Kennedy's determination was based on the notion that the Soviets were ahead in the nuclear race--a false premise. He completely missed the frightening effect that massive nuclear armaments would have on the conservative and bureaucratic minded Communist leadership. It frightened them out of their wits and brought out the worst in their not very attractive and imaginative characters.

Shapley's interpretation of McNamara's Flexible Response Strategy is off the mark. She sees it as a move away from the risks of nuclear war and therefore counts it as a McNamara success. She has in effect simply accepted the standard Washington position and does not understand the basis of European opposition. It was McNamara himself who said that he liked Flexible Response precisely because it converted nuclear weapons into "useable military power." The whole point of the preceding strategy--Massive Response-was that the weapons couldn't be used. That also meant you didn't need large quantities of them.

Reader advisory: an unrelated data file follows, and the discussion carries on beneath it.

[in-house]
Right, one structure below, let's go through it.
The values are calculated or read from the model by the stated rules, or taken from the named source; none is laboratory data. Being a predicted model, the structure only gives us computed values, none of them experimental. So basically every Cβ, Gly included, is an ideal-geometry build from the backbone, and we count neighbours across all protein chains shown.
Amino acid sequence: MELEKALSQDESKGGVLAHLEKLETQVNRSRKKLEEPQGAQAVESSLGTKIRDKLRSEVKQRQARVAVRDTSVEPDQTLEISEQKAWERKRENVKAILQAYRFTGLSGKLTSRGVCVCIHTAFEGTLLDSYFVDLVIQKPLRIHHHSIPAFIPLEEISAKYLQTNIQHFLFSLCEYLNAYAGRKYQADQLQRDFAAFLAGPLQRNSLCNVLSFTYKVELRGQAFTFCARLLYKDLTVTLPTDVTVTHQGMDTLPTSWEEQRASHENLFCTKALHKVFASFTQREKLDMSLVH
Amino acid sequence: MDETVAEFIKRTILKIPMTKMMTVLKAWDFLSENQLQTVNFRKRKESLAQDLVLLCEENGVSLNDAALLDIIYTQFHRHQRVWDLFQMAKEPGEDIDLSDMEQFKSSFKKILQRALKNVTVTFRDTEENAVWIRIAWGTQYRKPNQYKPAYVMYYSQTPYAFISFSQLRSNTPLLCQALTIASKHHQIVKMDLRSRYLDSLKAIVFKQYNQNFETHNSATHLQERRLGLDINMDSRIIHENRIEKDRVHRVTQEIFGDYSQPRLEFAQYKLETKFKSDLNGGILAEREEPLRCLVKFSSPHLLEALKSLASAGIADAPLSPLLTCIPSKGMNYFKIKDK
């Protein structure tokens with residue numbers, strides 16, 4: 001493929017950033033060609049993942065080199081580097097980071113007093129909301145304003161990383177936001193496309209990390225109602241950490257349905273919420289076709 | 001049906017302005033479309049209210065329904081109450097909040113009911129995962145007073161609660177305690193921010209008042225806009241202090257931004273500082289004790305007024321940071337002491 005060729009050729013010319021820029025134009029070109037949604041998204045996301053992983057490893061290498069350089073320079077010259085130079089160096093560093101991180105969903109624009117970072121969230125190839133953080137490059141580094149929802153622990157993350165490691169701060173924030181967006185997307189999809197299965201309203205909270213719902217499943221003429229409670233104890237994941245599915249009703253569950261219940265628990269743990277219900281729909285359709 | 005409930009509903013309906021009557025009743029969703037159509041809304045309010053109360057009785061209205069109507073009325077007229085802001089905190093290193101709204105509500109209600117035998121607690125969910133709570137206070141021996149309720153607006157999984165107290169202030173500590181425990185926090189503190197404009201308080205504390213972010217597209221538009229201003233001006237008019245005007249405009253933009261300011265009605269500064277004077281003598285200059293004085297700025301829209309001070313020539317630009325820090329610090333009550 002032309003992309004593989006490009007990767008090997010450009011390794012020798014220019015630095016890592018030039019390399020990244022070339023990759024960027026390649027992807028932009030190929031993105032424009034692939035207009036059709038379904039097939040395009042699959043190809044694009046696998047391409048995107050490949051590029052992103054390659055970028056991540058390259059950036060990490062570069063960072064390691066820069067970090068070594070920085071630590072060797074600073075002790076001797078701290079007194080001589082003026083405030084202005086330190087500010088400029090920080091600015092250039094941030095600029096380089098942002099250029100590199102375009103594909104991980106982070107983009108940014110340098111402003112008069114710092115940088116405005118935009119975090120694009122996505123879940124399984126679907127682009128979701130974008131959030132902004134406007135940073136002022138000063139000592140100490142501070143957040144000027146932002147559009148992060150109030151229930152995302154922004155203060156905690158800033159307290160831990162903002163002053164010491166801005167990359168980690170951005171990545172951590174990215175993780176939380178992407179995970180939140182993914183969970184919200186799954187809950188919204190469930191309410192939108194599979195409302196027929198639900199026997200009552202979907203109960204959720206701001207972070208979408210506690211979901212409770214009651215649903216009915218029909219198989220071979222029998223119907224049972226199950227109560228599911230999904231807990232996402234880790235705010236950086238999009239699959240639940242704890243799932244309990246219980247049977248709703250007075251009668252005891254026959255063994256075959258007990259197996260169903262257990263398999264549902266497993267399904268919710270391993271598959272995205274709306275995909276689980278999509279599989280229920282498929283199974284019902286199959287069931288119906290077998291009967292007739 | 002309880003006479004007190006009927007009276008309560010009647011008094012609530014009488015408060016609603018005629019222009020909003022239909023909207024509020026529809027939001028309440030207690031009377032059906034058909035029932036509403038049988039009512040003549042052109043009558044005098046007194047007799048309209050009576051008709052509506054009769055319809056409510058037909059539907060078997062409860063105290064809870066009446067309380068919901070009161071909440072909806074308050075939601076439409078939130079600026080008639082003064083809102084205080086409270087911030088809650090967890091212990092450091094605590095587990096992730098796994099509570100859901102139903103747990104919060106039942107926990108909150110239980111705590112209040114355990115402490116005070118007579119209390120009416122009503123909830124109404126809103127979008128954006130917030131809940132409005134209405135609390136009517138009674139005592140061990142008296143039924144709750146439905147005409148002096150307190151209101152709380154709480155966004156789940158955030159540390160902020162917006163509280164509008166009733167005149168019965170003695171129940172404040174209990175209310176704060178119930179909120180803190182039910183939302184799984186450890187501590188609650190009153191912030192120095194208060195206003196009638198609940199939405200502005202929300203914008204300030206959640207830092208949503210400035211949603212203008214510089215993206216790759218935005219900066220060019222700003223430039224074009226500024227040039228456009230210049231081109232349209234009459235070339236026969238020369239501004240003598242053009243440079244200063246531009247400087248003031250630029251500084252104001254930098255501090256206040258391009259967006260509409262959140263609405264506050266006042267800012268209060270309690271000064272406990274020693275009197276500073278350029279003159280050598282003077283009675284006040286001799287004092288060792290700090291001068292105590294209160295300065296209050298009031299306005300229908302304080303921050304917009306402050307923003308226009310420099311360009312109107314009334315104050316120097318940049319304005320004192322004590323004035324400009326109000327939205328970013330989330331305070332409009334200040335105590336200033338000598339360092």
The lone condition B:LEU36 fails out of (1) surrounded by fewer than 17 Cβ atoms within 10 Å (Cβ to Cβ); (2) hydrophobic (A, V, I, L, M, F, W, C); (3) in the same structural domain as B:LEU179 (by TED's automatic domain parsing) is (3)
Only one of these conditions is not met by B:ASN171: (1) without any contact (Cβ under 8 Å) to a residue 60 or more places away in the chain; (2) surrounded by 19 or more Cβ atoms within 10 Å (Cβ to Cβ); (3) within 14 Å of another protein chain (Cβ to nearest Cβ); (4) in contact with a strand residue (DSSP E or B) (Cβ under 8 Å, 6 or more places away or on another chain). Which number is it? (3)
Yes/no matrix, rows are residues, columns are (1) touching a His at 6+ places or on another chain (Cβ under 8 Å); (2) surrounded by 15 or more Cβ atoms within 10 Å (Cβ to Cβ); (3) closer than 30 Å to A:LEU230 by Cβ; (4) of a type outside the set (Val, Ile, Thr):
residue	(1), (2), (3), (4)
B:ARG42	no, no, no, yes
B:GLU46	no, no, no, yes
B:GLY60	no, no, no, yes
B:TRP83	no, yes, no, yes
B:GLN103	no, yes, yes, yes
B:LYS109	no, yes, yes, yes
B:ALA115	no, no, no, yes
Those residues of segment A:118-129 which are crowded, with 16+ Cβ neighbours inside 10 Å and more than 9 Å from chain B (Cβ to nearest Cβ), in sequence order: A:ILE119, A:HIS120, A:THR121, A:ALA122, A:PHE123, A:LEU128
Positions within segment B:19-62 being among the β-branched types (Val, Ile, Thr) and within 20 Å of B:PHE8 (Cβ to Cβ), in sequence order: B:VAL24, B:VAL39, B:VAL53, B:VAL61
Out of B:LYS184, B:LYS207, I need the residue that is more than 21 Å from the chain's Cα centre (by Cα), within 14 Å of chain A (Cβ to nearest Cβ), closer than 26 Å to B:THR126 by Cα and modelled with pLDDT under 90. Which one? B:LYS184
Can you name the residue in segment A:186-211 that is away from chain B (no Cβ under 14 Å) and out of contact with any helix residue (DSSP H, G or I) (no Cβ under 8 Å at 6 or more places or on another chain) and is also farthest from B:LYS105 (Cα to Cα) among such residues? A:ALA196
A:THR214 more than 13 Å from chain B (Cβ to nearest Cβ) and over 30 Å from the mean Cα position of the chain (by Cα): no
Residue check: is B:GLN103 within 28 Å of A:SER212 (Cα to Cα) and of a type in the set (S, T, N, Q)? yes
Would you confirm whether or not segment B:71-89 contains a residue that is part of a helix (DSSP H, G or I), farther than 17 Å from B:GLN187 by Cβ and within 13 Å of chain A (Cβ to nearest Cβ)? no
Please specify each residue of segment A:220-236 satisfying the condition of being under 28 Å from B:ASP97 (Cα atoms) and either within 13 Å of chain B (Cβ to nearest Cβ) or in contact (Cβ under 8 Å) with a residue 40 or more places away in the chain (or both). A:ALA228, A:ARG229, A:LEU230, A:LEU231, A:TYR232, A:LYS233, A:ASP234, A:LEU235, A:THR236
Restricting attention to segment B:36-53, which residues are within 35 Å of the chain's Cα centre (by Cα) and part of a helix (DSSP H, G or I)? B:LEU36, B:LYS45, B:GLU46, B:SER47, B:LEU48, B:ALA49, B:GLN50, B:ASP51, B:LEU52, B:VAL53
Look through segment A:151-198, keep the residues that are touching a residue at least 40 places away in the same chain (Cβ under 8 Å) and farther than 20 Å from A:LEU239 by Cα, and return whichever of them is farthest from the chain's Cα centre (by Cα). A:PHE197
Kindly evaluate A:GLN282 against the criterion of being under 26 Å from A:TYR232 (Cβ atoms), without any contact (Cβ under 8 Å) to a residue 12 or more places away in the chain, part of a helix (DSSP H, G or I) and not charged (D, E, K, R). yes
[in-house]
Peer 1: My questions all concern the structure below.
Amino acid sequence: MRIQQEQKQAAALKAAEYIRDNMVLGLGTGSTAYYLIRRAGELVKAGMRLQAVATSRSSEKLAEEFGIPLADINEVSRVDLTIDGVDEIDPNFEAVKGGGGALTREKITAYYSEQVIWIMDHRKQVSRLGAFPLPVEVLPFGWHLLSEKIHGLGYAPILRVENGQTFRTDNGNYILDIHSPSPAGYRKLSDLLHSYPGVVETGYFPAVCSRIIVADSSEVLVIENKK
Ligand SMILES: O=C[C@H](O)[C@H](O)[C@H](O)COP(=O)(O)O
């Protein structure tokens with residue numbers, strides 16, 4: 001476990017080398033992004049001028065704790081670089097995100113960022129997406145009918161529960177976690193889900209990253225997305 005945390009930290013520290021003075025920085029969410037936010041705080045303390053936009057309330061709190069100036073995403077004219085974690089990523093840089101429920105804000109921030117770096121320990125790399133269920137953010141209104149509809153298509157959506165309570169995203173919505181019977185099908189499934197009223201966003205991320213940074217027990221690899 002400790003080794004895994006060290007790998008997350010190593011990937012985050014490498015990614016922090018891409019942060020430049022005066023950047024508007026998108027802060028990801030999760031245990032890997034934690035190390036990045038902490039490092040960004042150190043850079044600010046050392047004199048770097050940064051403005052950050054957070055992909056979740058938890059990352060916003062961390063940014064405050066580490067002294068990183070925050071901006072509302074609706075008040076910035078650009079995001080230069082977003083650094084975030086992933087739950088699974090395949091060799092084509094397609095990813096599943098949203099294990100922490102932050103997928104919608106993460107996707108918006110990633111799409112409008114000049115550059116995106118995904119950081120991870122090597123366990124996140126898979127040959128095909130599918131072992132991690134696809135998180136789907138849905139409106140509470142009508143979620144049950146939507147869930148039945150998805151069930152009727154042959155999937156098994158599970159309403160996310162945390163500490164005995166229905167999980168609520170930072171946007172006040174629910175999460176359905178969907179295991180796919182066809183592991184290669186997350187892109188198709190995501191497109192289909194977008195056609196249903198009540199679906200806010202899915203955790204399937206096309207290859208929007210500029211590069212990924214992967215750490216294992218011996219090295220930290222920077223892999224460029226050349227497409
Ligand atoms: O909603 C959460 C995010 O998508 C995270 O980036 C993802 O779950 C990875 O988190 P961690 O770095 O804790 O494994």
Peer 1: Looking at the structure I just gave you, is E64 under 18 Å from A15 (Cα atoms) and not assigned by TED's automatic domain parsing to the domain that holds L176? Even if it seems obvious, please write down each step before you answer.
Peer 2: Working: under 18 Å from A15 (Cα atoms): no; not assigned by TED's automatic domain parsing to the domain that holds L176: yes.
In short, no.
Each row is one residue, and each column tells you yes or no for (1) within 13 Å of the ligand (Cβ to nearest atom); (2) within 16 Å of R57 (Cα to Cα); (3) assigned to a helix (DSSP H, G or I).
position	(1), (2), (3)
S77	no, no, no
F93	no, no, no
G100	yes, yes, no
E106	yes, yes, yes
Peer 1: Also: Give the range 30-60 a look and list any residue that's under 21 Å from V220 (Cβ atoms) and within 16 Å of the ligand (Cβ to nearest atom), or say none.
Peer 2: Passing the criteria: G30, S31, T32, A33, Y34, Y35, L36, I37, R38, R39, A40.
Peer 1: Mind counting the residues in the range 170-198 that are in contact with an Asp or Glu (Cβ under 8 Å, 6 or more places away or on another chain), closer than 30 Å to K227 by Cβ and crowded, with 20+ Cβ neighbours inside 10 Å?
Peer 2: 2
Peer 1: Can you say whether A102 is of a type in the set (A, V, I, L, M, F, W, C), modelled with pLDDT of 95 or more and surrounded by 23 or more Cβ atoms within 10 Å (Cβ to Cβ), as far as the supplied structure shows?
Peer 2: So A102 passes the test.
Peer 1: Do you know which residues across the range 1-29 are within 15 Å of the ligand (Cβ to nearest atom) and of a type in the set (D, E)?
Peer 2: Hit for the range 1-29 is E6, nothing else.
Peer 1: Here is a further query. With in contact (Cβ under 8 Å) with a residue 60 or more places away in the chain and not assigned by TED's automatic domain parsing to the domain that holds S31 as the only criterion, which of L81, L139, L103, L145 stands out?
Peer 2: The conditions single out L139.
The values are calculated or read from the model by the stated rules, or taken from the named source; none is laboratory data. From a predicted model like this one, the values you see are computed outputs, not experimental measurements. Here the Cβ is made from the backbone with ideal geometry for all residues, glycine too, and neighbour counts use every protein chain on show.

President Eisenhower, President de Gaulle, the Germans, and indeed the Russians understood this. But McNamara and his literal minded efficiency experts simply couldn't grasp the indirect advantages. Nor did they know enough history to understand that the safest strategies are usually indirect. They were oblivious to the fact that Flexible Response was above all inflexible and resembled the Maginot Line approach more than anything else. Strategies which are essentially logical inevitably require large and often unlimited amounts of weaponry. In essence, you cannot be against the nuclear arms race and for Flexible Response, because it was Flexible Response which made the nuclear arms race uncontrollable.